The present study demonstrated that liposome-encapsulated luteolin exerted stronger tumor growth-inhibition than free luteolin both in vitro and in vivo. Liposome have been widely used as potential drug delivery systems (DDS) for delivery of anti-cancer agents (24,29). Over the past few decades, several liposome-encapsulated drugs have been approved for clinic applications. The best-known formulation is liposome-encapsulated doxorubicin, marketed as Doxil or Caelyx (3032), which produced less cardiotoxicity than free doxorubicin while providing comparable antitumor activity (33,34). In our study, we have prepared water soluble Lipo-Lut, sized ~105 nm. According to the cancer type, the size of the gaps between the endothelial cells of the tumor capillaries ranges from 100 to 780 nm, as opposed to that in a typical normal endothelium of 5–10 nm (35,36). Liposomes of about 100 nm in diameter have been demonstrated to be optimal for the delivery of anticancer drugs to tumors (24,37), which readily translocate across the capillary endothelium. Liposomes are known to be safe and well tolerated delivery system. Many researchers demonstrated that the actions of some poor water soluble drugs were evidently enhanced after they were encapsulated into liposome (38,39). This study showed that Lipo-Lut could prolong the drug release. Meanwhile, the concentration in plasma-time profiles indicated that the bioavailability of Lipo-Lut has been improved.

In order to study the antitumor efficacy of Lipo-Lut in vitro, we initially compared the efficacy of Free-Lut and Lipo-Lut on CT26 cell growth inhibition by MTT assay and apoptosis by flow cytometry. We observed that Lipo-Lut exhibited more effectively than Free-Lut. This prompted us to further evaluate the antitumor activities of Lipo-Lut on CT26 cells grafts in BALB/c mice. The results suggested that luteolin encapsulated into liposome exerted stronger tumor growth-inhibiting effects, suppressed angiogenesis, increased apoptosis than Free-Lut. Angiogenesis plays a important role in the progress of tumor growth and invasion. The most essential angiogenic factors is vascular endothelial growth factor (VEGF). It have been reported that luteolin could significantly inhibit VEGF-stimulated endothelial cell proliferation, migration, invasion and tumor angiogenesis by targeting VEGF receptor 2-regulated AKT/ERK/mTOR/P70S69K/MMPs pathway, leading to the inhibition of tumor growth and tumor angiogenesis. A study from Norhaizan suggested that luteolin induced apoptosis in colon cancer by modulating the expressions of bax, Bcl-2 and caspase 3 in vitro and in vivo. On the other hand luteolin acted against DNA damage and activated DNA repair mechanism in Caco-2 colon cancer cells (4042). Moreover, Owing to the leaky vasculature of the tumor tissue, these may provide a channel allowing liposome to more easily target tumor tissue (1). Meanwhile, solid tumors usually lack effective lymphatic drainage. All of these factors lead to the accumulation of liposome in the tumor microenvironment much more than they do in normal tissues (43,44). Most likely because of a combination of these advantages, Lipo-Lut was a marked inhibition of tumor growth over time when compared to Free-Lut in a mouse tumor model. In fact, the present study also indicated that Nano-luteolin showed higher efficacy compared to Free-Lut against lung cancer and head and neck cancer (4). However, Lipo-Lut was unable to completely inhibit tumor growth. In order to gain better therapeutic efficacy, it is necessary to optimize liposomal formations and therapeutic scheme.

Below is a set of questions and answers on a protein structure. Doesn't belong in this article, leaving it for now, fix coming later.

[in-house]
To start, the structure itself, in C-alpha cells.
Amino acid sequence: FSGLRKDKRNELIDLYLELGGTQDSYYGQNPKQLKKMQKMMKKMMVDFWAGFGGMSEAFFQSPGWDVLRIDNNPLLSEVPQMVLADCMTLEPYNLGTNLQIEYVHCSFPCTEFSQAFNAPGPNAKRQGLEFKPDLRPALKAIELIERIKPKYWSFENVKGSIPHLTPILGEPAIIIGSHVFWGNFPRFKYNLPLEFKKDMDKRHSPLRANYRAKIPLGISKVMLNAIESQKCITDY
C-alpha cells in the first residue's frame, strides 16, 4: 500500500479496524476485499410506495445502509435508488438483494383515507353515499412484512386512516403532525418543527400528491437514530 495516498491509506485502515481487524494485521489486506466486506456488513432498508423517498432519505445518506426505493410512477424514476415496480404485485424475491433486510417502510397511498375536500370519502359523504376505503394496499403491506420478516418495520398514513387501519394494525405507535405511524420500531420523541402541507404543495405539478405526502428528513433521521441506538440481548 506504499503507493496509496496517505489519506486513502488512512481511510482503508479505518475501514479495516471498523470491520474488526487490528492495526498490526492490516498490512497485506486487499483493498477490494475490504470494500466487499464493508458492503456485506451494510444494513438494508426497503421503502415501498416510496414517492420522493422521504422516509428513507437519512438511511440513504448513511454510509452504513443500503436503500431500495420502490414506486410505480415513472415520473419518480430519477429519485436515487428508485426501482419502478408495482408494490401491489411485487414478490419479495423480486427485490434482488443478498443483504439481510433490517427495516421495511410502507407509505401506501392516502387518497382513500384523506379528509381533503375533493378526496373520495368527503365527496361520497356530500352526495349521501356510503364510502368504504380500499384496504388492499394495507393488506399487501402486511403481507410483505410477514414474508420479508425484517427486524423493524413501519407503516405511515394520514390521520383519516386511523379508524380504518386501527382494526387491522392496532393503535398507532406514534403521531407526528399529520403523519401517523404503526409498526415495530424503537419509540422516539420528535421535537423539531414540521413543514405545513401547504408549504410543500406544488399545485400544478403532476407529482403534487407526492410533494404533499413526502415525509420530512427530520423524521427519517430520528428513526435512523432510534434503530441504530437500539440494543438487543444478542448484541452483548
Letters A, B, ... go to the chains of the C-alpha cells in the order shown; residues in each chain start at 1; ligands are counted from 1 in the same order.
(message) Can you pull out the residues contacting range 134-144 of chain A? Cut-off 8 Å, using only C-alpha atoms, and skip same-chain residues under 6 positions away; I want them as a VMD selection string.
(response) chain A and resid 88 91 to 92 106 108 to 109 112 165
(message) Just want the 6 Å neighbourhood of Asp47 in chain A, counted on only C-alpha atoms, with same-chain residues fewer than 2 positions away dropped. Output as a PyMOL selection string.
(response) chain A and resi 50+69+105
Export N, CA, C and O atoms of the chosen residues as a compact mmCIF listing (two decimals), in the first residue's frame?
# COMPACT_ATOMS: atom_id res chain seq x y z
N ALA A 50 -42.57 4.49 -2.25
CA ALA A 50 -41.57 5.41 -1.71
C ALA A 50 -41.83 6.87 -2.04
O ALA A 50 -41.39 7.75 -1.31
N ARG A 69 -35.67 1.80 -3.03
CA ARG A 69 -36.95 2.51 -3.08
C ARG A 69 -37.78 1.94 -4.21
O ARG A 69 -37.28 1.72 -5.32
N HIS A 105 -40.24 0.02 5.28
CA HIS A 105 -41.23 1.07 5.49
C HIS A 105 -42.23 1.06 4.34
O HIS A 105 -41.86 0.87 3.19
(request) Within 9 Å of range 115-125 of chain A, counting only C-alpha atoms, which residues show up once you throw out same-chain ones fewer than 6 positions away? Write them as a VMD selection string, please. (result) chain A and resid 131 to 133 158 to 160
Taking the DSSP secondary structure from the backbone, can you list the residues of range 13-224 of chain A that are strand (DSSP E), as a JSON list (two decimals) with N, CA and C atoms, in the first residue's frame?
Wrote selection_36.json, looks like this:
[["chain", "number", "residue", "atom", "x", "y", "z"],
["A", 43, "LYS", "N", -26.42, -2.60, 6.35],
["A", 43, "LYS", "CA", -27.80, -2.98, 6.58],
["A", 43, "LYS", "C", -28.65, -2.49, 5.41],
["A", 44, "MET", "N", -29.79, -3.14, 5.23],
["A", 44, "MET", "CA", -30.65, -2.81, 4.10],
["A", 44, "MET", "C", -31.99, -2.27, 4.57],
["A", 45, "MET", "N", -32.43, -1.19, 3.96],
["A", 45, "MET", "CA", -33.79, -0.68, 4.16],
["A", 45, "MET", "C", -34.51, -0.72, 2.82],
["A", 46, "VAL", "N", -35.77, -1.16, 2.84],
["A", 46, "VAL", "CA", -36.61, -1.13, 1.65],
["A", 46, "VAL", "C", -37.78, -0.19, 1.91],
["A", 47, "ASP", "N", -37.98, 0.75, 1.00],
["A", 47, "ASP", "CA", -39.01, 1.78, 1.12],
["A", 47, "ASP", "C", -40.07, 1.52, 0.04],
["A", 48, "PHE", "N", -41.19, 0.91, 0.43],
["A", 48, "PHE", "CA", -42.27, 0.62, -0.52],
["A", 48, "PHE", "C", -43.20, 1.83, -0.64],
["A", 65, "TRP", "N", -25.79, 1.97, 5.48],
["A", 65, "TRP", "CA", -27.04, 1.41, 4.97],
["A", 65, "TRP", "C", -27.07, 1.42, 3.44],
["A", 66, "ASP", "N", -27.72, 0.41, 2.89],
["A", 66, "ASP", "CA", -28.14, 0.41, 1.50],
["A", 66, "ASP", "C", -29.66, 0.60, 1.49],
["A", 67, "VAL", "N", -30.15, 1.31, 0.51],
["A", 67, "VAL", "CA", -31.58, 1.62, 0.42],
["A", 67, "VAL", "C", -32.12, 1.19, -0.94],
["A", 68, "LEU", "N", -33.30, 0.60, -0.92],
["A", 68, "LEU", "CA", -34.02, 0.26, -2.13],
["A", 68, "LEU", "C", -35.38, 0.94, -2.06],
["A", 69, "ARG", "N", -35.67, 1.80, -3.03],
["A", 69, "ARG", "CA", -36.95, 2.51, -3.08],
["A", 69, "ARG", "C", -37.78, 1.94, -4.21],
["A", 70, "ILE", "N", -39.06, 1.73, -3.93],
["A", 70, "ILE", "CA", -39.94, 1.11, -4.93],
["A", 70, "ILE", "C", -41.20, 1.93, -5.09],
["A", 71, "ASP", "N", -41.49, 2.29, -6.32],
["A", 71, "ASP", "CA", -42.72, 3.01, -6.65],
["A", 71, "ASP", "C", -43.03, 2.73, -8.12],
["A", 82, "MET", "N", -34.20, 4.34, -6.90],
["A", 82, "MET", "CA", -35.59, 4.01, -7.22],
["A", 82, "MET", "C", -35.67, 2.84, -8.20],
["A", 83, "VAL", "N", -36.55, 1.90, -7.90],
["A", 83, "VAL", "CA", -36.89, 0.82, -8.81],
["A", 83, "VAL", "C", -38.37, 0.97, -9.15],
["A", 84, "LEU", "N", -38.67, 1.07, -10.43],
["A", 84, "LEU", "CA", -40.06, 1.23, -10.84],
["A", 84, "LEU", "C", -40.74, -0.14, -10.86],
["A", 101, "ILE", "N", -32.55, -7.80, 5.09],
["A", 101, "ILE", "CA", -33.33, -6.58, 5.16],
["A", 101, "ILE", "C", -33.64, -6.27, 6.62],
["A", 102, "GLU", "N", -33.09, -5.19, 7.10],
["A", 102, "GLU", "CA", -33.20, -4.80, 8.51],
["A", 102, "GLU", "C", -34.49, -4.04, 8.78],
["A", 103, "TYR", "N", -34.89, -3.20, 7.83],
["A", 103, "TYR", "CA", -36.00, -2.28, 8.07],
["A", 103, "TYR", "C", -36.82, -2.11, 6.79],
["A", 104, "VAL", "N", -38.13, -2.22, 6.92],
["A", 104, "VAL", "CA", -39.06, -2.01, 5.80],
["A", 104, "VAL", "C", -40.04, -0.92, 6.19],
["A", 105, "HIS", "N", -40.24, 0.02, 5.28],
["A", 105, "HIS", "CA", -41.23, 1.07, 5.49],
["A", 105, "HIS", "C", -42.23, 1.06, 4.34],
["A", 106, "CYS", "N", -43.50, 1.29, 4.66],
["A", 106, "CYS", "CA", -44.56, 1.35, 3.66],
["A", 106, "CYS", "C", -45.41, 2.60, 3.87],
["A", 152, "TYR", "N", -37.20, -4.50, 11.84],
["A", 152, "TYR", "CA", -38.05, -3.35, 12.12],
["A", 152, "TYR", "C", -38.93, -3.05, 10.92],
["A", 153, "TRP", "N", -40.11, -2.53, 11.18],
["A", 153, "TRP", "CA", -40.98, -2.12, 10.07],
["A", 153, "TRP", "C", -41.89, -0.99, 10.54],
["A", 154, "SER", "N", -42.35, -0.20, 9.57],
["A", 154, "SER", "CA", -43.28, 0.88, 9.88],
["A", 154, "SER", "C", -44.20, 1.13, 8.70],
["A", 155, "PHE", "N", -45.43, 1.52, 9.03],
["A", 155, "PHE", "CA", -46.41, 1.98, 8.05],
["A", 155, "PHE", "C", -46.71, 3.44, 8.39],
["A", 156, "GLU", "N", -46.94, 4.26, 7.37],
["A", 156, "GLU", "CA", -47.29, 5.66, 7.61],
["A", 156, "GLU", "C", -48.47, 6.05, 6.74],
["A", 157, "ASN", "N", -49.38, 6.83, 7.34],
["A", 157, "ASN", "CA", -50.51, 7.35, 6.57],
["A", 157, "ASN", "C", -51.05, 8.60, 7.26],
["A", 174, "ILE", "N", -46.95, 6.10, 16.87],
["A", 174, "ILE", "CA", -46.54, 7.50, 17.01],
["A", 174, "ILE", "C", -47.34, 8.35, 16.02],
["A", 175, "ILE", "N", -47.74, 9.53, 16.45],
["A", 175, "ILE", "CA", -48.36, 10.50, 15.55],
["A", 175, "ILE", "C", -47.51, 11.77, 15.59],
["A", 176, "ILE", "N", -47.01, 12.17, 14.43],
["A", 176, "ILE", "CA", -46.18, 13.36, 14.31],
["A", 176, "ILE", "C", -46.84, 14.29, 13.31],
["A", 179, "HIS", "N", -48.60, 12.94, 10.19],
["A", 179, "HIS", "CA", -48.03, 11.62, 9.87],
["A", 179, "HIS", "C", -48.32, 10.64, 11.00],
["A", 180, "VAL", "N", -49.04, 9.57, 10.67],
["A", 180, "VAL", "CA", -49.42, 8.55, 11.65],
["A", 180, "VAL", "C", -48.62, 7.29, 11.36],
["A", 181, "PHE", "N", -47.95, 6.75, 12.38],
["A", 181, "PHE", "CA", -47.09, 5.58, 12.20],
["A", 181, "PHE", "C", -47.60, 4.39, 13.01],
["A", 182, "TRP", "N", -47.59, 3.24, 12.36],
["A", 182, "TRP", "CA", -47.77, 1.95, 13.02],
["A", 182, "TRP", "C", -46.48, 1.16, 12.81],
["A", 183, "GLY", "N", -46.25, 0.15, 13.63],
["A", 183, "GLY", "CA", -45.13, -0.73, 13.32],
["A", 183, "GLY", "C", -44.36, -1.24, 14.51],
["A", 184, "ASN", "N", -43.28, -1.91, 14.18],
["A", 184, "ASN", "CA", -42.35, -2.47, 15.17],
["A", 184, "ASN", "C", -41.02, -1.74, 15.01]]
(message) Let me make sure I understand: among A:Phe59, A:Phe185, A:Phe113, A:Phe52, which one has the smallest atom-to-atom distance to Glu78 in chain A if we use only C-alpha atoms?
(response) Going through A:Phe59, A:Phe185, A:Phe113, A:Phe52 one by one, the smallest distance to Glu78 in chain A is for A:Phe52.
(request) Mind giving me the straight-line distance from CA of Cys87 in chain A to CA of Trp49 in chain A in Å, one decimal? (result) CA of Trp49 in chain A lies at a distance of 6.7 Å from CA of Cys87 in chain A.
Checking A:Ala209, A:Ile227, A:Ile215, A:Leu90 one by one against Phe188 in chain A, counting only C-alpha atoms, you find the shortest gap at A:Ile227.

We prepared a novel antitumor agent using liposome as the delivery system to encapsulate luteolin. The Lipo-Lut inhibited activity of tumor growth more effectively than the Free-Lut in both CT26 cells and mouse tumor model of colorectal carcinoma. The mechanisms of action of Lipo-Lut appear multifaceted. Firstly, it could directly induce apoptosis of tumor cells. Secondly, tumor angiogenesis were reduced, blocking the nutrition supply into tumor tissue, which promoted apoptosis of tumor cells. Third, Lipo-Lut inhibited tumor proliferation. The results in this study could contribute to the development of chemotherapy for patients with colorectal carcinoma in future clinical applications.

Acknowledgements

The study was supported by the National Natural Science Foundation, People's Republic of China (grant no. 81660480) and Scientific Research Project of Xinjiang University (grant no. XJEDU2014I019).

Glossary

Abbreviations

Abbreviations:

Lut

luteolin

NS

normal saline

Lipo-Lut

liposomal luteolin

Free-Lut

free luteolin

EM-Lipo

empty liposome

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February 2018
Volume 17 Issue 2

Print ISSN: 1791-2997
Online ISSN:1791-3004

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APA
Wu, G., Li, J., Yue, J., Zhang, S., & Yunusi, K. (2018). Liposome encapsulated luteolin showed enhanced antitumor efficacy to colorectal carcinoma. Molecular Medicine Reports, 17, 2456-2464. https://doi.org/10.3892/mmr.2017.8185
MLA
Wu, G., Li, J., Yue, J., Zhang, S., Yunusi, K."Liposome encapsulated luteolin showed enhanced antitumor efficacy to colorectal carcinoma". Molecular Medicine Reports 17.2 (2018): 2456-2464.
Chicago
Wu, G., Li, J., Yue, J., Zhang, S., Yunusi, K."Liposome encapsulated luteolin showed enhanced antitumor efficacy to colorectal carcinoma". Molecular Medicine Reports 17, no. 2 (2018): 2456-2464. https://doi.org/10.3892/mmr.2017.8185